When it comes to the intellectual life in our day, the fear of error—believing things as true when they are in fact false—far outweighs a desire for truth. Whether it’s the big questions of religion and morality, or even those concerning history and literature, we have developed an intellectual culture of exaggerated circumspection in which large, long-standing truths are questioned and only small, fashionable truths affirmed. “Critical thinking” has taken on a new meaning in recent decades, one more associated with critique than constructive criticism, and it has become an end-in-itself for many educators. We put a great deal of emphasis on learning how to interrogate, challenge, and criticize. But, while these are all useful skills, and in many cases necessary to help us avoid falsehood, first and foremost we need to be trained in assent. Unless we learn how to affirm beliefs as true we can never arrive at the truth. To do this in a reliable, responsible way requires a pedagogy of piety, for we can only hold as true those things we believe to be true.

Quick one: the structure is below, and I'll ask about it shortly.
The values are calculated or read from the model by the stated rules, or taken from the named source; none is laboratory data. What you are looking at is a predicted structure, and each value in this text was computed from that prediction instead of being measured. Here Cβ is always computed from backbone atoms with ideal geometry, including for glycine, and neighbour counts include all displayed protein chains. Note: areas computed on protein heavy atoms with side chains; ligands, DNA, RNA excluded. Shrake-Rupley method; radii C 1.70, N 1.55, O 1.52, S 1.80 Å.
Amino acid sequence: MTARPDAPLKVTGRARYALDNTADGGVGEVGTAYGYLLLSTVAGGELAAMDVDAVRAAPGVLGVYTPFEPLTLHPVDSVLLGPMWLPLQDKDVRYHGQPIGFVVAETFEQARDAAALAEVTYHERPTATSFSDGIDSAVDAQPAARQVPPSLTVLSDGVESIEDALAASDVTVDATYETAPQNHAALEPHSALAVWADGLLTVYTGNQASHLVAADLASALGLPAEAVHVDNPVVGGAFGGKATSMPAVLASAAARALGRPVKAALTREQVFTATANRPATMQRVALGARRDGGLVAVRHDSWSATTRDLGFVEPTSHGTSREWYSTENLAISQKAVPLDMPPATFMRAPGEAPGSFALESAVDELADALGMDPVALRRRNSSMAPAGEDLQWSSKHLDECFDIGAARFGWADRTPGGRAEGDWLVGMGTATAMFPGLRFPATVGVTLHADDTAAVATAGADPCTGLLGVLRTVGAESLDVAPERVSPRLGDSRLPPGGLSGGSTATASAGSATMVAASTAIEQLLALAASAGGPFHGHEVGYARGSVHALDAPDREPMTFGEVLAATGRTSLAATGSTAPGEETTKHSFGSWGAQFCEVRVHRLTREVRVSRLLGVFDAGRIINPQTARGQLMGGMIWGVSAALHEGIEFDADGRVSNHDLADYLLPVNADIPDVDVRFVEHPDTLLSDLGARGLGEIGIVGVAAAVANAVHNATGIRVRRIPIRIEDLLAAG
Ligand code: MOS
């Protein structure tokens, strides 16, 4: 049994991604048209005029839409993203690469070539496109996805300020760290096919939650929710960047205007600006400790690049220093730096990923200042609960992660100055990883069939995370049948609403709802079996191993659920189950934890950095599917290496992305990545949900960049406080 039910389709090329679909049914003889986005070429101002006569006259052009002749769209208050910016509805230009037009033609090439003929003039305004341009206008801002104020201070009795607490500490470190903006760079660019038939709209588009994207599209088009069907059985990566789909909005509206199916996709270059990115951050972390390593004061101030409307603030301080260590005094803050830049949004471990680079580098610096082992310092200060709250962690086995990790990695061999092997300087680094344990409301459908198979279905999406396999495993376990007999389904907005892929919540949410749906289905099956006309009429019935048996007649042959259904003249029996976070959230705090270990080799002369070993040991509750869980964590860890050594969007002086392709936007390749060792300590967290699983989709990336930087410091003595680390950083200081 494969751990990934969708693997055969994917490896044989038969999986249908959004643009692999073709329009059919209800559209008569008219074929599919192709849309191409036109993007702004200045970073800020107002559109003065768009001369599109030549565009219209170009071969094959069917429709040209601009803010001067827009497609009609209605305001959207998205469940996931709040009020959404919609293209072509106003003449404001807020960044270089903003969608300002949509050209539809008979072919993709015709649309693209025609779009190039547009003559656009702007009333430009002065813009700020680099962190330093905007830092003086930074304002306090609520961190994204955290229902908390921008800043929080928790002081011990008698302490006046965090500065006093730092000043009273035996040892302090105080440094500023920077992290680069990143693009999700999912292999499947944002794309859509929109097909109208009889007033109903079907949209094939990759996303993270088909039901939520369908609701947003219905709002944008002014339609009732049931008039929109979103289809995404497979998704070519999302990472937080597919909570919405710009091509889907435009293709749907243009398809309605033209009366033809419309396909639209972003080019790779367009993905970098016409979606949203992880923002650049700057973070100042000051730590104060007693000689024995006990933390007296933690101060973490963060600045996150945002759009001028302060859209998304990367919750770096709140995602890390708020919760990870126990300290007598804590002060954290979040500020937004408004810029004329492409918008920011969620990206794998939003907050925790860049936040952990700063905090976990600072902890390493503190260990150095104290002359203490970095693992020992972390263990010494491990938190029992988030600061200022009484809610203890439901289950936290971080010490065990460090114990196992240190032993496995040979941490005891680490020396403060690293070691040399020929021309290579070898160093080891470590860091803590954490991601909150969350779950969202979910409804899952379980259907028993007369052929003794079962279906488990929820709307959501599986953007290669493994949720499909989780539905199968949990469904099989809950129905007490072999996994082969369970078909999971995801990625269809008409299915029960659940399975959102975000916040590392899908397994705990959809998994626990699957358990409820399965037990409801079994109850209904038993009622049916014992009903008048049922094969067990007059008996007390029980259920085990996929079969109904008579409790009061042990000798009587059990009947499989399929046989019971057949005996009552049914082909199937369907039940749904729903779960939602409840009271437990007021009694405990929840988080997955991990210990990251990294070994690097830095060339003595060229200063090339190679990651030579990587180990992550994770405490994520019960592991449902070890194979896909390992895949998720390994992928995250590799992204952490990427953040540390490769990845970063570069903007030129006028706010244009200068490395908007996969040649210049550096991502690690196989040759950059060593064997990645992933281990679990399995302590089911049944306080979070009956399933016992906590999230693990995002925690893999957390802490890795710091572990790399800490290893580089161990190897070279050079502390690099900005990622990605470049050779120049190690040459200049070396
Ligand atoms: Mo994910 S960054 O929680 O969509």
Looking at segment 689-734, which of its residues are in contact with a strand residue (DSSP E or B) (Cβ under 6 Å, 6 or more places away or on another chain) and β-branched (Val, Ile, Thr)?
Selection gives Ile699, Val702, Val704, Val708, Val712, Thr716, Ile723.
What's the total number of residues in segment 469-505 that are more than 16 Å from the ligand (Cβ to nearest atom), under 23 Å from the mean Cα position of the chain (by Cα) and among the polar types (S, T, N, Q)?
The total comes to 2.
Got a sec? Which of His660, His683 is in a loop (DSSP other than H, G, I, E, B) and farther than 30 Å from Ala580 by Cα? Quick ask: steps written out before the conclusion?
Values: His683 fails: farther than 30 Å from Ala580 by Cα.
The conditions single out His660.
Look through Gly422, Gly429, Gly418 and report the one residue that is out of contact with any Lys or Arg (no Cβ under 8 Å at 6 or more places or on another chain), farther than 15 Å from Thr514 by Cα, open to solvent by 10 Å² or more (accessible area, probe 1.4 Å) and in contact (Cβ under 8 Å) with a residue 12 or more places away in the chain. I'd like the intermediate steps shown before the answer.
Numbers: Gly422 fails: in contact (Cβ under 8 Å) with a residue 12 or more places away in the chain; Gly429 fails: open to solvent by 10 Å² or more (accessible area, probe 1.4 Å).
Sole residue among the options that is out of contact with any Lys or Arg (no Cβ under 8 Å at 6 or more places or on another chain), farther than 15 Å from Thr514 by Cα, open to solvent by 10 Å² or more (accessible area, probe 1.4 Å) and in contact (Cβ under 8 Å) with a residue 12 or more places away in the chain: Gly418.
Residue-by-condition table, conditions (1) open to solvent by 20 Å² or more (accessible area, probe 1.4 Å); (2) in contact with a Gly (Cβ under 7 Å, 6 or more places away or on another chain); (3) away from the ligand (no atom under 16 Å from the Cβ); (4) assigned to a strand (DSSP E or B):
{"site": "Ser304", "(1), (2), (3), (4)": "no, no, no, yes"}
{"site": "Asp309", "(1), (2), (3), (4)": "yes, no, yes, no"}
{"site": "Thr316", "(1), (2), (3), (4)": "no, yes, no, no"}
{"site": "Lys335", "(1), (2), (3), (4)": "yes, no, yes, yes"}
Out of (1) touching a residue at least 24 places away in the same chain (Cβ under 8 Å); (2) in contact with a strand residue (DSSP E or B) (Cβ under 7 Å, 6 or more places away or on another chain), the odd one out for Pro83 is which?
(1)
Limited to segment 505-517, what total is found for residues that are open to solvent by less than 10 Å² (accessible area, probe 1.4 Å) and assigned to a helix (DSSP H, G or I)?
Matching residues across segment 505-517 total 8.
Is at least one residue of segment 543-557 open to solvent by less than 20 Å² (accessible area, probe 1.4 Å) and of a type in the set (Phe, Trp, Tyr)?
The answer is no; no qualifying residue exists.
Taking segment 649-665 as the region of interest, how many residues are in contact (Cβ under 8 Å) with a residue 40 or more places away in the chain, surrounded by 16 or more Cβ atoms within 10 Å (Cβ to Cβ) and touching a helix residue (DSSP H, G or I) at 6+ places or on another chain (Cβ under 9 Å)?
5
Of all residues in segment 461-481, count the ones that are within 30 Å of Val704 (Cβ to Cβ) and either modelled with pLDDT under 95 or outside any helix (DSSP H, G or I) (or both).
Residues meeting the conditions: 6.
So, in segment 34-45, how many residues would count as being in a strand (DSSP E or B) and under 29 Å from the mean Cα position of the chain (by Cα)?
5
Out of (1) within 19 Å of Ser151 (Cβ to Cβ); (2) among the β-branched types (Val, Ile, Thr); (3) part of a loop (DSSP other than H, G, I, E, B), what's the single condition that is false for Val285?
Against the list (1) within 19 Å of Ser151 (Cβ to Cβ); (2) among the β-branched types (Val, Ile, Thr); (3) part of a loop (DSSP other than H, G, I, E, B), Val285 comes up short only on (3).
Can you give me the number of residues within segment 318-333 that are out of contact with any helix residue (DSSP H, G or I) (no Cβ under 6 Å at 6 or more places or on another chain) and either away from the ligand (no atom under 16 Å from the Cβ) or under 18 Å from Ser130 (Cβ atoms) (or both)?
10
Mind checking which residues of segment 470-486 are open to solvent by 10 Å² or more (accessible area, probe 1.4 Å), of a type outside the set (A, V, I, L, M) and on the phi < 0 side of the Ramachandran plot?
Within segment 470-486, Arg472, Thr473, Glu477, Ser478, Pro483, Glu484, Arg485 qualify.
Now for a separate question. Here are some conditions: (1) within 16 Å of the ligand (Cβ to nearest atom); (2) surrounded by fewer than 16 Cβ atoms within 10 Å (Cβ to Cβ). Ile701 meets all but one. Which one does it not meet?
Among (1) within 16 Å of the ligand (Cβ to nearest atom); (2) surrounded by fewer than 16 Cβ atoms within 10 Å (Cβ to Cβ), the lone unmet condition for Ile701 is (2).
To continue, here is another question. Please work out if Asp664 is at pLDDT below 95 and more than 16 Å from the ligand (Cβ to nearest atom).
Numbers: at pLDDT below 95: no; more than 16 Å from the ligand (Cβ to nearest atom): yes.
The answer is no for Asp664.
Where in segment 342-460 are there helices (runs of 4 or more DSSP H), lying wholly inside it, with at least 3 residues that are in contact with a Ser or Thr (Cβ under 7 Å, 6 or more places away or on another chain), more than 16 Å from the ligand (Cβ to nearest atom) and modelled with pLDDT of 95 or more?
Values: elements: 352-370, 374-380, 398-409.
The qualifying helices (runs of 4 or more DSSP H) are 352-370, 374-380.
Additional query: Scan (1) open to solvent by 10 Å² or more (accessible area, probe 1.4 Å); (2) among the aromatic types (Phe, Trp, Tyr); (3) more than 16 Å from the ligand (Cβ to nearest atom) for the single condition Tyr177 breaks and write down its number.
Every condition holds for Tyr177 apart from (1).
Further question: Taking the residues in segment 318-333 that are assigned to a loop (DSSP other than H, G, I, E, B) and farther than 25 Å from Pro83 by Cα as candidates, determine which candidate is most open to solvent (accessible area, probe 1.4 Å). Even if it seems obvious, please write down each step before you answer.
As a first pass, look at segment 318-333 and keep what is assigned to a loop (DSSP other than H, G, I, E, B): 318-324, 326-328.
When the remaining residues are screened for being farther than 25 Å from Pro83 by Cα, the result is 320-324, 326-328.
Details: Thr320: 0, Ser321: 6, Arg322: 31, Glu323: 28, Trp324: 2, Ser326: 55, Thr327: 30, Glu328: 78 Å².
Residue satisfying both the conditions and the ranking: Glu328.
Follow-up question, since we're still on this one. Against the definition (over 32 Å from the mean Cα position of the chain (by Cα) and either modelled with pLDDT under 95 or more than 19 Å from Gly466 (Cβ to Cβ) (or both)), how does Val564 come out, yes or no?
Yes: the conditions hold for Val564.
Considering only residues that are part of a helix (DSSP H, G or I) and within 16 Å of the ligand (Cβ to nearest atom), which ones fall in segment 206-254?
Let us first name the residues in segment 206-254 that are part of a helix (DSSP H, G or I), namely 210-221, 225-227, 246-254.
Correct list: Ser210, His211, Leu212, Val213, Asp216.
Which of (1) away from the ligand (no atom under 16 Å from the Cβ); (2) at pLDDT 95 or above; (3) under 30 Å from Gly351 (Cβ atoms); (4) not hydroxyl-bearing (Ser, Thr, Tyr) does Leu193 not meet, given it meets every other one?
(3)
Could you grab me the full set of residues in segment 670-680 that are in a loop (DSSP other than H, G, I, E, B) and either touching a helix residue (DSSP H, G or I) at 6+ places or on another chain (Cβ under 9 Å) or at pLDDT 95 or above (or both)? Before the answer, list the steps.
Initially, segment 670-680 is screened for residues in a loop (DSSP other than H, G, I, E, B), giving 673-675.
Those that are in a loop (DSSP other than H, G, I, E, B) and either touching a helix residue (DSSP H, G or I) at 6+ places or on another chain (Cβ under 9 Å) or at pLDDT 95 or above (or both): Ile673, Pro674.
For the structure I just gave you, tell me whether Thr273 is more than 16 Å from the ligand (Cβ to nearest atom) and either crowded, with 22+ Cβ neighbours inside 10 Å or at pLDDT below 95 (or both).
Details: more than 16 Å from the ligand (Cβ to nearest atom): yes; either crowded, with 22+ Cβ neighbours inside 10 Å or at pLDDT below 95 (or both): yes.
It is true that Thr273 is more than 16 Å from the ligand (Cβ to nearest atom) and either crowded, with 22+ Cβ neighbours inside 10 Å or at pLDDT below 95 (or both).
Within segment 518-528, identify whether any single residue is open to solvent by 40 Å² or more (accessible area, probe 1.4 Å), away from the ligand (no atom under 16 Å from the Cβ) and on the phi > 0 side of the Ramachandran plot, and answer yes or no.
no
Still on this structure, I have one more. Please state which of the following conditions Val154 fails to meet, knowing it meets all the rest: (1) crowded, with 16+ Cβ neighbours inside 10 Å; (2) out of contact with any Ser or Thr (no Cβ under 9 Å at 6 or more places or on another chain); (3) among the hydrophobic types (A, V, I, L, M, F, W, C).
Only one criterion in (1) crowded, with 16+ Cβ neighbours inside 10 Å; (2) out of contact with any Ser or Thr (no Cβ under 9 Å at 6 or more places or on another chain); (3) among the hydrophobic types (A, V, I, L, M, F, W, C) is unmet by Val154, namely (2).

From the prophets of Israel, to Socrates and Descartes, join First Things editor R. R. Reno in exploring the ideas behind the current cultural fixation with critical thinking as the highest intellectual good, and how a pedagogy based on piety provides a more successful roadmap for the pursuit of the good, the true, and the beautiful.